CK Retro Review: It’s Only Rock ‘n’ Roll by The Rolling Stones

It’s hard to whine about It’s Only Rock ‘n’ Roll, The Rolling Stones’ 1974 album, too much. It’s solid and maybe more consistent than Goats Head Soup, although perhaps lacking the higher points of that album. What it lacks is the feeling that there was anything going on behind its creation than the need to put out more product. With the exception of the title track and “Time Waits For No One”, it doesn’t feel like the band is saying anything particularly novel in the songs, and, with the exceptions of brief nods to funk and reggae, there’s not anything out of left field from a musical standpoint. What you end up with is an album that’s never less than engaging but also rarely approaches exceptional. Here is a song-by-song review:


10. “Short And Curlies”- The one joke wears itself out pretty thin after it’s been repeated about a dozen times. Ian Stewart’s piano makes it worth one listen or two, but repeated spins probably aren’t in the cards.


9. “Luxury”- The ironic thing about the title is that the hard-working narrator will probably get nowhere near any luxury in his life. Mick Jagger embodies him well enough with idiomatic syntax intact (“Make a million for the Texans/Twenty dollar me”.) The hiccup of the reggae beat gets stormed over by the guitars a bit though.

8. “Aint Too Proud To Beg”- I’m not sure if this song needed a rocking version; a lot of the smoothness of The Temptations take falls by the wayside here. But it’s a song that’s hard to mess up, so three stars is the floor here. Too bad the group didn’t reach for the ceiling.

7. “If You Really Want To Be My Friend”- Mick’s call-and-response vocals with Philly soul group Blue Magic are the highlight of this rambling ballad, even when the band is responding to lyrics like “cancer culture.” Honestly the relationship that Jagger is describing seems to be too toxic to be worth saving, which makes his entreaties here seemingly misguided.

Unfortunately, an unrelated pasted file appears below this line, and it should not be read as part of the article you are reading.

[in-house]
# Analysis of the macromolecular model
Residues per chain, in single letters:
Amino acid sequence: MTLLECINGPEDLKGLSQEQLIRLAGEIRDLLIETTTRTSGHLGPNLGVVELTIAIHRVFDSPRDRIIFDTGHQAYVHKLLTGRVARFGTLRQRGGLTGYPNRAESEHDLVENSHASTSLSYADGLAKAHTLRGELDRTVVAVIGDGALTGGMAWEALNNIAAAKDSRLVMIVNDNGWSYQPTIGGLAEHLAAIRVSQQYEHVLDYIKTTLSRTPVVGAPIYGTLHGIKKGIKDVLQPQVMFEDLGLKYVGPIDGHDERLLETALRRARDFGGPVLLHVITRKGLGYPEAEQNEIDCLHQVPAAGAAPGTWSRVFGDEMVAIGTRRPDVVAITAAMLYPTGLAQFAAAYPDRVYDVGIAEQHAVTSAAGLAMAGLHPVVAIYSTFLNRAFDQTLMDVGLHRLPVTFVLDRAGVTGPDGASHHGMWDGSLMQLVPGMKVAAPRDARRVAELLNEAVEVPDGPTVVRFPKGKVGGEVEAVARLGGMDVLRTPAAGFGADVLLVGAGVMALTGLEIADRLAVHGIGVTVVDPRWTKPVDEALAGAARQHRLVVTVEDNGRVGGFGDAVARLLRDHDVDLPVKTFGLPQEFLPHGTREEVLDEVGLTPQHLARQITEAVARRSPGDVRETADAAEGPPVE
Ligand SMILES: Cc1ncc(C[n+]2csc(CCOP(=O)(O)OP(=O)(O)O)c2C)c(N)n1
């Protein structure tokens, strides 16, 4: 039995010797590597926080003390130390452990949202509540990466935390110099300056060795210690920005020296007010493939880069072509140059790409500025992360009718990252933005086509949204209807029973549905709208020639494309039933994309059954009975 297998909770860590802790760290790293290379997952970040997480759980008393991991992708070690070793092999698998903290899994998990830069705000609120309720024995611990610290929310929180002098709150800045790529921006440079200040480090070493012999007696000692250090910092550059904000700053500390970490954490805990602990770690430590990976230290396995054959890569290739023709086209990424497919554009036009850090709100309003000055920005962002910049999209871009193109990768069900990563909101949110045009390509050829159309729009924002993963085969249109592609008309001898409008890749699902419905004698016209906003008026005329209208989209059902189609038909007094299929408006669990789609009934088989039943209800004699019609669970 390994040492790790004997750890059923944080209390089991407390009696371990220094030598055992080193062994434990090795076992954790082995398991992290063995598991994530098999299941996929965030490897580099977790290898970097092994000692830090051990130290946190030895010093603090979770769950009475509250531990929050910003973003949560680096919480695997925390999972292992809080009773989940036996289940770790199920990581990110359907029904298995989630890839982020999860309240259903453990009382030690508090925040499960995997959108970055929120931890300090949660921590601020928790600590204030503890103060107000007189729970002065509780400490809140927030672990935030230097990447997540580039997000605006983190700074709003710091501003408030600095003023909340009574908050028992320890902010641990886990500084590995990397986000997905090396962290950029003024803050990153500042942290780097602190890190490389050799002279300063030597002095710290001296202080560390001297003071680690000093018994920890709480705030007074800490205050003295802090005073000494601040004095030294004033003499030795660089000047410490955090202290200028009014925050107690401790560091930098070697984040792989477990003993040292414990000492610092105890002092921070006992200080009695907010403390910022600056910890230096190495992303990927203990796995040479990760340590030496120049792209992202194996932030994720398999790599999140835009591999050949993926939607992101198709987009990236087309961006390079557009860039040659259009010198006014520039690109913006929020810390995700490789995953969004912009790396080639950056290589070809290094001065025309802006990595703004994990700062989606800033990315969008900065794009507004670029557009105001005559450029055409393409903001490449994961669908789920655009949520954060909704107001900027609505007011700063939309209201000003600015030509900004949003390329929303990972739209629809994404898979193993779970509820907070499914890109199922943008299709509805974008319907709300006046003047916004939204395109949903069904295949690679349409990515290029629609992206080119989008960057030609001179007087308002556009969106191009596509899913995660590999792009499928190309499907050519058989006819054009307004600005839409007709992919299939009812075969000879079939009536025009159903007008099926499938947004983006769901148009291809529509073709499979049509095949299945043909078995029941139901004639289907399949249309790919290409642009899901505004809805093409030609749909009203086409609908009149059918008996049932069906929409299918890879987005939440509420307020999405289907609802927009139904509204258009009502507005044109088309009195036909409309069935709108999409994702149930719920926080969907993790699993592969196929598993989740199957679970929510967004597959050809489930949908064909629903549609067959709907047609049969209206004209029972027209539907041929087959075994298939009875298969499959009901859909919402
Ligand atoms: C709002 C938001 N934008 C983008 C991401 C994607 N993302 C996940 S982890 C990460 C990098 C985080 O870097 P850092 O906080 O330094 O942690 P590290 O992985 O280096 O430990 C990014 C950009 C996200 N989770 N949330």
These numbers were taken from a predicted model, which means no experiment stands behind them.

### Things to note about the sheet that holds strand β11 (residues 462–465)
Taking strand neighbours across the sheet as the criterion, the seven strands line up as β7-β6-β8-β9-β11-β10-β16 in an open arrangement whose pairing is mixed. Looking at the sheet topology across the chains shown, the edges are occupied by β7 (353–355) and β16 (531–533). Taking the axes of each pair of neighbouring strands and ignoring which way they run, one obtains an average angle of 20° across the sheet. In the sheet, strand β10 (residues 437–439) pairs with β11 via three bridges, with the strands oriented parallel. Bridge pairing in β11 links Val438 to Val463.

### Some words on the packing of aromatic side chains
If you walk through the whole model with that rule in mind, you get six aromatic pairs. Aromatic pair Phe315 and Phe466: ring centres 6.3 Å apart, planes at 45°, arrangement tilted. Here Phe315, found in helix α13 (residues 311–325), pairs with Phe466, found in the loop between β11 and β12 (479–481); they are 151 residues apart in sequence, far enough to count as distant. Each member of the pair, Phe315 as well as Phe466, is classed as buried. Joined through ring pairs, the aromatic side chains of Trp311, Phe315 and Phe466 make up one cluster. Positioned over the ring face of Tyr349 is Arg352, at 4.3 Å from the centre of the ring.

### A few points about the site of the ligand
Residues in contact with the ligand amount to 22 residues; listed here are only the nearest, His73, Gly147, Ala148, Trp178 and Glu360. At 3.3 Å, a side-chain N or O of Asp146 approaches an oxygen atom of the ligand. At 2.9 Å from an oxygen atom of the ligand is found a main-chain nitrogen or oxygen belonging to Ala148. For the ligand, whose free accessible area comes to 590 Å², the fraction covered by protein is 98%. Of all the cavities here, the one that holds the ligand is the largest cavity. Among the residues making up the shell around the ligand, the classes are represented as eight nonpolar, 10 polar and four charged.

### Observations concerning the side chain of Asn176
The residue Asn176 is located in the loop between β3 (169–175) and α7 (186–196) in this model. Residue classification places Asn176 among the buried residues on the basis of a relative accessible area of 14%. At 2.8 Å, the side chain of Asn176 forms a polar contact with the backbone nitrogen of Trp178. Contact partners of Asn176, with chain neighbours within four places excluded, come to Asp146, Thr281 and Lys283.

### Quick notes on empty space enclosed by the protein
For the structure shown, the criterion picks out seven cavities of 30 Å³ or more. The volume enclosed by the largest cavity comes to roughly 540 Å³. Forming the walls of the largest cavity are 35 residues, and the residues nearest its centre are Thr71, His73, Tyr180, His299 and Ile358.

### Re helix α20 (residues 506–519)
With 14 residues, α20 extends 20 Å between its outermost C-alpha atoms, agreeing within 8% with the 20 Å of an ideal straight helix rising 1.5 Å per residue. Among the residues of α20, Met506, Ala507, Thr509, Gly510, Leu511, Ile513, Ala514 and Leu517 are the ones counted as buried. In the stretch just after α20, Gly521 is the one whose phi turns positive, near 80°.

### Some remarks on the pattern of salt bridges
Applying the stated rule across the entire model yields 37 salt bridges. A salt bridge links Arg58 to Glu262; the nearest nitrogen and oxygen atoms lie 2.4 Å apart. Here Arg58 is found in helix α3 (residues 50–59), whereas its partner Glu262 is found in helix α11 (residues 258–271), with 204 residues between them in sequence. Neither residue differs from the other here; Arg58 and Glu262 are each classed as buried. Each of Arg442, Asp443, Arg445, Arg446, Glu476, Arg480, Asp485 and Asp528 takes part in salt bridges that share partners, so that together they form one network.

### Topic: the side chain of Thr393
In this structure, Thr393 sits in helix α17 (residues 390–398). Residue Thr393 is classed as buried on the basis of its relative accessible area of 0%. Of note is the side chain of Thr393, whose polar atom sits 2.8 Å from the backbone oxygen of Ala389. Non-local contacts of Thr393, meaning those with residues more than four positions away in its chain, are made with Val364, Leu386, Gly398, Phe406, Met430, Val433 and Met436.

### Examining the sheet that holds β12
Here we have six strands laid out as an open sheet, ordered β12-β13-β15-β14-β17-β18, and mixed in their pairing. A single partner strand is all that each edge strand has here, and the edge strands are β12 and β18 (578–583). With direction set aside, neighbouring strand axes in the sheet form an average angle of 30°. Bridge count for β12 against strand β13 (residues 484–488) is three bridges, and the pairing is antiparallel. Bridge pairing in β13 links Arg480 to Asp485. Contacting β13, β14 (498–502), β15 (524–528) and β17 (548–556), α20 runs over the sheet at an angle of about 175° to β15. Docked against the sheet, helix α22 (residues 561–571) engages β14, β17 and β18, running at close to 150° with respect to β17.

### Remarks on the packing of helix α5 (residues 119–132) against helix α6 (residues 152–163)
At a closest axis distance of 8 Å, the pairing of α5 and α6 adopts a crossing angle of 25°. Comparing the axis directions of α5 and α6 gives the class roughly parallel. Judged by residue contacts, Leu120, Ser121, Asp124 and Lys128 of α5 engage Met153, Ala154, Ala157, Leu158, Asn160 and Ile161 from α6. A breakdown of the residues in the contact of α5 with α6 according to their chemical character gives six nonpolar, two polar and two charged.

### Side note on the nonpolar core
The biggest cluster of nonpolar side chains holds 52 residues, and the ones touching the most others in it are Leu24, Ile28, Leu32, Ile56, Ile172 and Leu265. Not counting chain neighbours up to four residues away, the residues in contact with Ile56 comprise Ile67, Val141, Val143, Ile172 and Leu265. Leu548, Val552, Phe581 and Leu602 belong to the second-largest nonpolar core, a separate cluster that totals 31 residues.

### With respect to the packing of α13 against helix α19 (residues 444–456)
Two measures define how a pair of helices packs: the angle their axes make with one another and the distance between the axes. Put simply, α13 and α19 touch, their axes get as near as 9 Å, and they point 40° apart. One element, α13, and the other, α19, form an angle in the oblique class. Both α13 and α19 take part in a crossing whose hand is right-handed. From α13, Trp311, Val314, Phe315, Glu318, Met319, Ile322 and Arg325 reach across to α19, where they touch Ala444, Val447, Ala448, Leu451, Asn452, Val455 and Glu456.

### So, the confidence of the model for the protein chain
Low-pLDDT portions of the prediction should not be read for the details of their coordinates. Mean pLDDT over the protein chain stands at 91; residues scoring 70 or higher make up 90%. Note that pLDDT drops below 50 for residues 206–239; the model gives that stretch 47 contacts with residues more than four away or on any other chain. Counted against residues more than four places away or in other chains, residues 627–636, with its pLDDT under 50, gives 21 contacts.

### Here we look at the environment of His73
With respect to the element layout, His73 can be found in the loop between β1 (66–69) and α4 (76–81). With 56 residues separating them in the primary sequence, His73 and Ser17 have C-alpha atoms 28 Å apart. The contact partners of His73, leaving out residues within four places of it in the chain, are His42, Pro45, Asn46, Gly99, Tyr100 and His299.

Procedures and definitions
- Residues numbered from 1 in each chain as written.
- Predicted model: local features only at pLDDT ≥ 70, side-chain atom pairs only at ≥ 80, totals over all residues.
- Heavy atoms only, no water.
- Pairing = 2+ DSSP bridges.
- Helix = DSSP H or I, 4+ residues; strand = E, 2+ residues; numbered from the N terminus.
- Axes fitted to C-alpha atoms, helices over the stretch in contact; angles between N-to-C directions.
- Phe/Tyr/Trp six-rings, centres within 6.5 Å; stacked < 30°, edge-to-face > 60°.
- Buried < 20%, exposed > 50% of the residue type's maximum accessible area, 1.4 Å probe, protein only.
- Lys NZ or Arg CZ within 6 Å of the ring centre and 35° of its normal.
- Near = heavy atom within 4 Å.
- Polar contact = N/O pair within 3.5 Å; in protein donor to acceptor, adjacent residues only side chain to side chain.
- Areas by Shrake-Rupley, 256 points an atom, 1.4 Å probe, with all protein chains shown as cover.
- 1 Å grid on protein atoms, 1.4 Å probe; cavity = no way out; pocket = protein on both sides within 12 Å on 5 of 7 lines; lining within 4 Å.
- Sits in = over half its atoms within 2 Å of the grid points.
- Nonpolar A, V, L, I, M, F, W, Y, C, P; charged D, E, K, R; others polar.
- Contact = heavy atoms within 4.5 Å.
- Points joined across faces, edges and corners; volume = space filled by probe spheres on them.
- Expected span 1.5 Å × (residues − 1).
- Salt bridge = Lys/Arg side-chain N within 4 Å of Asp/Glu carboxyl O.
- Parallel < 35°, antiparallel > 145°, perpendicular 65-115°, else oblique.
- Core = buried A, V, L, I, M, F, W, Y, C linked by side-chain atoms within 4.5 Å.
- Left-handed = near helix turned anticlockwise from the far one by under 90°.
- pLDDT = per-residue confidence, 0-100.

6. “Dance Little Sister”- Why Mick uses a Trinidadian dialect on some of the lyrics is hard to figure. Besides that quirk, this is a pretty straightforward rocker with gurgling guitars and Jagger’s full-throttle attack. On a lot of these mid-70’s songs from the band, you have to resist the urge to say “it is what it is.” This is one of them. Competent but not exactly inspired.

5. “If You Can’t Rock Me”- Here’s one where the band steers into the stereotype of them as ogling, leering rockers. I think you can hear Jagger’s eyebrow raised a bit, which allows this one to veer closer to the fun category rather than the creepy pile. Plus it’s one of the more vibrant band performances on the album, with Keith Richards and Mick Taylor soloing to the cheap seats.

4. “Fingerprint File”- This one wins points for the band trying something a little different. I’m not sure it always works, as Jagger’s paranoid rapping settles at perhaps too comical of a tone for the brooding funk feel of the music. They would get better and better at urban sounds before perfecting them on Some Girls; this makes for an entertaining test run though.

3. “Till The Next Goodbye”- Lots of good stuff here, particularly the delicacy and lilt of the acoustic guitars and the walled backing vocals. Jagger has written this song many times before. In this one, the verses are OK, but they don’t hit home with quite the same force as when he confronts his lover in the bridge, “I can’t go on like this/Can you?” Again, nothing too revolutionary, but, in this case, performed with a lot of heart.


2. “Time Waits For No One”- This album was Mick Taylor’s swan song in the band, and this song was his last glory moment with them. I’m still not convinced that his extended solos, like the one he plays here, ever connected as much as, say, his precise picking on “Dead Flowers” or his brief, stinging turns on “Ventilator Blues”, but you can’t deny that the guy goes to town when he gets the opportunity. Considering that this was written forty years ago and Jagger hasn’t perceptibly slowed a bit, he’s kind of proven this song wrong. But for most of us mere mortals, they’re words to age by.


1. “It’s Only Rock ‘n’ Roll (But I Like It)”- How it came about sounds like a story being told by the grizzled roadie from Wanye’s World II: “Mick Jagger, David Bowie, and Ronnie Wood were working on a track, and who should show up but Kenny Jones. On a great, bloody Bengal tiger.” Seriously though, the track doesn’t really come alive without Keith Richards laying his electric guitar on top, providing the muscle that backs the titular assertion. There’s an affecting hitch in the rhythm as well that makes this seem like more than just your run-of-the-mill anthem. Jagger, who usually insists he’s no more than a dilettante in the music that made him famous, ends up defending it with more gusto than most.

(E-mail me at or follow me on Twitter @JimBeviglia. For a more in-depth look at the music of the Stones, check out my new book, Counting Down The Rolling Stones: Their 100 Finest Songs, which arrives next week. Preorder it with the link below.)



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